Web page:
When your business-owner clients begin thinking about selling their businesses, they may probe you as you discuss a possible sale for how to determine what is the “right” time.
Ideally, sellers would time their move when the buying market is strong. They do tend to have some sense of that. They hear news of other sellers, and they may notice an uptick in those constant unsolicited calls to inquire about possible interest in sale.
Financial advisors also often have a fairly strong sense of the market, too, both from learning details of other transactions that have occurred and from reading about recent activity on a broader base. Timing to enjoy a competitive market can make a company worth between 25% and 50% more than it might have been otherwise.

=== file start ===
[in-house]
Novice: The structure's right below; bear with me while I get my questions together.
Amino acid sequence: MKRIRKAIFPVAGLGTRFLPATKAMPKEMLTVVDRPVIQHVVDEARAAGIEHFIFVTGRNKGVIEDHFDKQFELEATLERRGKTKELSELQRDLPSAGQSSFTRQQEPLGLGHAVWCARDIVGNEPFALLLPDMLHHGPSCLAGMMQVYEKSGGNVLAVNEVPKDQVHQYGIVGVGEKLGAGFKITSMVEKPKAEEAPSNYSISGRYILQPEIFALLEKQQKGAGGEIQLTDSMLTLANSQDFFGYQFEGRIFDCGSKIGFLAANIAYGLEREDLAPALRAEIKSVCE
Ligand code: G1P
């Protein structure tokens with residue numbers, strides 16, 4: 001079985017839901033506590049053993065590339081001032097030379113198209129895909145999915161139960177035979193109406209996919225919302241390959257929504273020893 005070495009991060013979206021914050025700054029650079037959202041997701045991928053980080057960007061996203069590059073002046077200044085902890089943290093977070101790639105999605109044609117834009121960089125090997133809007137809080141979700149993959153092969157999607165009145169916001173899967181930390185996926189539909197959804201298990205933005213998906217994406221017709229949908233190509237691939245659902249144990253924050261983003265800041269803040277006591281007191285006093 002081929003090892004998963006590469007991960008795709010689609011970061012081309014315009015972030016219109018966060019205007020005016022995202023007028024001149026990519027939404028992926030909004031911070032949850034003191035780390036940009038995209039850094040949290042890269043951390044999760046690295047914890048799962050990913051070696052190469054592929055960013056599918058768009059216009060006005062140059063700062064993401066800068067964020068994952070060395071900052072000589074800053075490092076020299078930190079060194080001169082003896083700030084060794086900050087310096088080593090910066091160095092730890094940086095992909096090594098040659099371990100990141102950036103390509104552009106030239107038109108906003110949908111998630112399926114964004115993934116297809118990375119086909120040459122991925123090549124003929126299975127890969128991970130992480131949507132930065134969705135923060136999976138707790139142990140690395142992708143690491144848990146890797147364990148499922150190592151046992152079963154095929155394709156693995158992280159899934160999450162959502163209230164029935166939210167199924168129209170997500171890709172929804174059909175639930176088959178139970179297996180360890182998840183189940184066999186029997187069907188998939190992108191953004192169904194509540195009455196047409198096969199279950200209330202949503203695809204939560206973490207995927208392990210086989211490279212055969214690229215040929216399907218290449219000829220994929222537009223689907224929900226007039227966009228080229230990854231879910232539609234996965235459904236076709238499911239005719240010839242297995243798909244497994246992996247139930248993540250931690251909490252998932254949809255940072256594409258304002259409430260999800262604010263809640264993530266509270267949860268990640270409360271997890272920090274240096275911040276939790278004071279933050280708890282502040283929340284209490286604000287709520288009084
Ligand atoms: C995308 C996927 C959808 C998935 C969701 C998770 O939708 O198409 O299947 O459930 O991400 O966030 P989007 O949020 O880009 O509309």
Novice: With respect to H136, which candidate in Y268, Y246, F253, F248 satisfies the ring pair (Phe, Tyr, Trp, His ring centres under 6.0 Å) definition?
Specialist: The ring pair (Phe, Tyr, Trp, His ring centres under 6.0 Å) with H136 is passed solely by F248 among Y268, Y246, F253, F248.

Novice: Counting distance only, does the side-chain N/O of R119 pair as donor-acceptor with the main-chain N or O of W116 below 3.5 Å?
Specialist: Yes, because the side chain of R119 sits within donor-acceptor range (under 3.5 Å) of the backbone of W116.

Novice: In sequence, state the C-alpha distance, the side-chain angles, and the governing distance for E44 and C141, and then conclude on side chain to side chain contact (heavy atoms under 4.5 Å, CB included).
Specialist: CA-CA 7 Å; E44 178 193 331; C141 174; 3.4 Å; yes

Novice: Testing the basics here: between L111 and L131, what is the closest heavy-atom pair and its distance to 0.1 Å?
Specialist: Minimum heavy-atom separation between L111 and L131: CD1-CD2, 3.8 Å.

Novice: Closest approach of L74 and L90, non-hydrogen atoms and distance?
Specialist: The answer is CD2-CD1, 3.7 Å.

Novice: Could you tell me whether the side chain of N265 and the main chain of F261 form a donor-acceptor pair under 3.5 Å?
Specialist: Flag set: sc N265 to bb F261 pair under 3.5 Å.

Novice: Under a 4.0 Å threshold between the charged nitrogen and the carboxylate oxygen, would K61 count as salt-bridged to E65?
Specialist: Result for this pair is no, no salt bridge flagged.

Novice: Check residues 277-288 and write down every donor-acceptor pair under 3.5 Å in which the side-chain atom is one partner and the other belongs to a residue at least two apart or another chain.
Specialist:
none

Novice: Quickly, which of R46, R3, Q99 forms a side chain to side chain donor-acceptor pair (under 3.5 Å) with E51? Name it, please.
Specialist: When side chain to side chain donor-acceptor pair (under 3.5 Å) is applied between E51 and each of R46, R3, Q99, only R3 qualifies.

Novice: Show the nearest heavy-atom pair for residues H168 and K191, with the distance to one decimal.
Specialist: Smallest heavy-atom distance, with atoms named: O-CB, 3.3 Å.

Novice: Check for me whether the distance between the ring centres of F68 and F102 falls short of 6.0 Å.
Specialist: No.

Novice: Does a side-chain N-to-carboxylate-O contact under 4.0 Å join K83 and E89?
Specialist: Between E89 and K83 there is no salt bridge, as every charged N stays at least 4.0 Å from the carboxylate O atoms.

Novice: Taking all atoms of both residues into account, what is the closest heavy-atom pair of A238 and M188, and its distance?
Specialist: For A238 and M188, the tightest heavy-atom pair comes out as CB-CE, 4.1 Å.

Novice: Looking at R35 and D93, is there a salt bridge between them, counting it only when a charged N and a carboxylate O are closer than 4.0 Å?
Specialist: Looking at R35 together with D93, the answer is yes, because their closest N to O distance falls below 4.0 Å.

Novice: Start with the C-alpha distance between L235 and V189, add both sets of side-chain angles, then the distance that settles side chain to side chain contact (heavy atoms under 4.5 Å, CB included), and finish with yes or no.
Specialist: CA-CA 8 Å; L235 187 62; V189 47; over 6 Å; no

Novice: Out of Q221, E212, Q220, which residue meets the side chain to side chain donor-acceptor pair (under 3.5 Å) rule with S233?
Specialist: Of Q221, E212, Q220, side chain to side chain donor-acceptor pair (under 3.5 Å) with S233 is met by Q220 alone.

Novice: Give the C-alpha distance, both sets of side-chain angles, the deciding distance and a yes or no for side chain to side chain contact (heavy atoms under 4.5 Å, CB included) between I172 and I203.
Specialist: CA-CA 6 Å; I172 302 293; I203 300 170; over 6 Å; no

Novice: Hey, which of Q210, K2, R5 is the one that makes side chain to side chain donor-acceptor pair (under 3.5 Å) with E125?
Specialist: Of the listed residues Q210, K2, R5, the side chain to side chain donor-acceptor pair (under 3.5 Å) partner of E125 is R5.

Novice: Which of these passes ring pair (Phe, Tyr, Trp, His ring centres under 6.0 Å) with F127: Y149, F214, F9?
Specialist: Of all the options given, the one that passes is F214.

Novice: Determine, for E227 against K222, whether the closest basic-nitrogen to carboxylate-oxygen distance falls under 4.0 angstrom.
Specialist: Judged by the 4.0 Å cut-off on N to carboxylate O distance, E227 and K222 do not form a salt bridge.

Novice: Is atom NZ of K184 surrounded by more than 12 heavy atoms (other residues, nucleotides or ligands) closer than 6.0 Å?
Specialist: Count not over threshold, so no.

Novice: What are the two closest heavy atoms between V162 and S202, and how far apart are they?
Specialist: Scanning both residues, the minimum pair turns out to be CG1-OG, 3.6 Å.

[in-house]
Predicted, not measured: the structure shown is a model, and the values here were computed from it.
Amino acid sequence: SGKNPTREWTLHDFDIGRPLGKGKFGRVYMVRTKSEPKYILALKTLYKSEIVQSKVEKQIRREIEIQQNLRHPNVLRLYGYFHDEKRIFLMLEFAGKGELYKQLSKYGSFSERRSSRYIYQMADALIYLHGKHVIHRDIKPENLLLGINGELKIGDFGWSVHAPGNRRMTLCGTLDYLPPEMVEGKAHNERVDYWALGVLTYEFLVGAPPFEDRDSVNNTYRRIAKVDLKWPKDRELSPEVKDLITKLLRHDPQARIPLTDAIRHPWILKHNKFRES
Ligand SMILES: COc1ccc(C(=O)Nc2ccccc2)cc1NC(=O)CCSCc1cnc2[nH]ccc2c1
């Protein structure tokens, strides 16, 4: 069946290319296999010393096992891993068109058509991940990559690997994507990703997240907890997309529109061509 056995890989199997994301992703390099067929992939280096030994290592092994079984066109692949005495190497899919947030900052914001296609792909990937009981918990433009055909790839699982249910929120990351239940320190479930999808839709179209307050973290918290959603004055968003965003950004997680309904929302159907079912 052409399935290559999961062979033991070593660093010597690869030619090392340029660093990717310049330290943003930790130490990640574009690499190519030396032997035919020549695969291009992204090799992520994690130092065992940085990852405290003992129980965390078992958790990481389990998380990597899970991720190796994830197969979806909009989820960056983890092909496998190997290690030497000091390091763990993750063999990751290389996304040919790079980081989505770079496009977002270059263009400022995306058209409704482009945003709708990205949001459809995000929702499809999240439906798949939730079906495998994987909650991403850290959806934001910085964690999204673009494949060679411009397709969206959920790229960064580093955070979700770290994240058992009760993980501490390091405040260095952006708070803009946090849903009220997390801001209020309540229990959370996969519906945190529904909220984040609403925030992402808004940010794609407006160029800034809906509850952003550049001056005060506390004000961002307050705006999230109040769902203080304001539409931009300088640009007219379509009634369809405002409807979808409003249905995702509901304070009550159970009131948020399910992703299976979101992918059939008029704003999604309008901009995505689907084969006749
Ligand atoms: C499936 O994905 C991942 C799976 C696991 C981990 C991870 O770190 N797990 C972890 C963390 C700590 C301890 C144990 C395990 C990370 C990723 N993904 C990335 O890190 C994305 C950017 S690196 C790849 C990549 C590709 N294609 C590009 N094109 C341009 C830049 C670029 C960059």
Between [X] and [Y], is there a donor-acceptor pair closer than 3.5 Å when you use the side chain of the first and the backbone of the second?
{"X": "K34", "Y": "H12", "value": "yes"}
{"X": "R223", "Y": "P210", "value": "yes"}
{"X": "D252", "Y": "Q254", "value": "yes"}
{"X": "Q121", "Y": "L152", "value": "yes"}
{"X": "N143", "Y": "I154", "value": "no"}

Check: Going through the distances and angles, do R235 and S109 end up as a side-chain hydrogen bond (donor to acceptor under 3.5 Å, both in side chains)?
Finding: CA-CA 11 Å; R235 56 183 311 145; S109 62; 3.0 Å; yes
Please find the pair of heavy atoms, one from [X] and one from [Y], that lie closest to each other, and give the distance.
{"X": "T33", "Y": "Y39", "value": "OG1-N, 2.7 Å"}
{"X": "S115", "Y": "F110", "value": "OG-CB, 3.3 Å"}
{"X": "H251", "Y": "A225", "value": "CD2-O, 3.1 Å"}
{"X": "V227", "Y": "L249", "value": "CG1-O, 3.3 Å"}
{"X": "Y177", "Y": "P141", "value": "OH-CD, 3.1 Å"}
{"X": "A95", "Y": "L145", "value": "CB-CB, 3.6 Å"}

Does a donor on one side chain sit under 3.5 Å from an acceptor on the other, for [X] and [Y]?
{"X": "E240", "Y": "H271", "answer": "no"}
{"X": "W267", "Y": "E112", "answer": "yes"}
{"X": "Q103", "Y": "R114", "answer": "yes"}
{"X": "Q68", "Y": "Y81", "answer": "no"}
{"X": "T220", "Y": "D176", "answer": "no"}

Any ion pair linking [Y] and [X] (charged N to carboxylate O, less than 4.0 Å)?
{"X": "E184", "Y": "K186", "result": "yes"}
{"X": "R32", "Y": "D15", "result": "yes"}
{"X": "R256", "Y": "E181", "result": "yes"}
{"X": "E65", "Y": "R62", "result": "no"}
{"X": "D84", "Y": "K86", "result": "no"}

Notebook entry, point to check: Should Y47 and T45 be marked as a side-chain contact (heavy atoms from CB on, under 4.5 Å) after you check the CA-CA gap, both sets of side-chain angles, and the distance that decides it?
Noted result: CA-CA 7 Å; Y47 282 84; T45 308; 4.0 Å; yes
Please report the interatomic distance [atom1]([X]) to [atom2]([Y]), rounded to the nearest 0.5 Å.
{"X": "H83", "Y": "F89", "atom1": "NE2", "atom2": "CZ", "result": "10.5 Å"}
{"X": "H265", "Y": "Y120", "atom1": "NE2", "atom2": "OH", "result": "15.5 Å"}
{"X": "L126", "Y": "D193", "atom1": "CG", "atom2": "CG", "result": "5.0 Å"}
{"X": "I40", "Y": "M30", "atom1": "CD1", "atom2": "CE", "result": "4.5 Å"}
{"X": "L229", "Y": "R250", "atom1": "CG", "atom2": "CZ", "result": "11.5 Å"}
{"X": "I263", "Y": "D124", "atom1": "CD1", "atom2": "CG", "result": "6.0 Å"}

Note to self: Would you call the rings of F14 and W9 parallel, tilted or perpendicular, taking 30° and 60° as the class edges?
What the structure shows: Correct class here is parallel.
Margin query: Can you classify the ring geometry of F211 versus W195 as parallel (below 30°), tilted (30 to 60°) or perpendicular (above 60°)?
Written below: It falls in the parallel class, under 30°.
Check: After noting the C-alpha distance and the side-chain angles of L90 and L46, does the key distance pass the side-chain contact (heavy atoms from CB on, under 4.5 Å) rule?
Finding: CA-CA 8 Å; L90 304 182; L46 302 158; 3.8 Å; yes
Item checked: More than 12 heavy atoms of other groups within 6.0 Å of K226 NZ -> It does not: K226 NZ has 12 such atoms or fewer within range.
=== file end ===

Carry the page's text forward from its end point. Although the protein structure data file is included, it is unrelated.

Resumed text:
Owners naturally need to consider a myriad of personal circumstances to decide if such consideration is worthwhile. Often advisors assume that the time to consider a sale is probably not until the owner reaches an age of likely retirement, maybe 60 or 65. Not so! Our firm sells middle-market companies 365 days a year, and more than 75% of our sellers are in their 40s. Owners north of 60 often become very fearful and tense about the possibility of sale. Much of this relates to uncertainty about what they will do daily without a company to run. They are afraid of such change. As a result, they often wait too long and sell for less.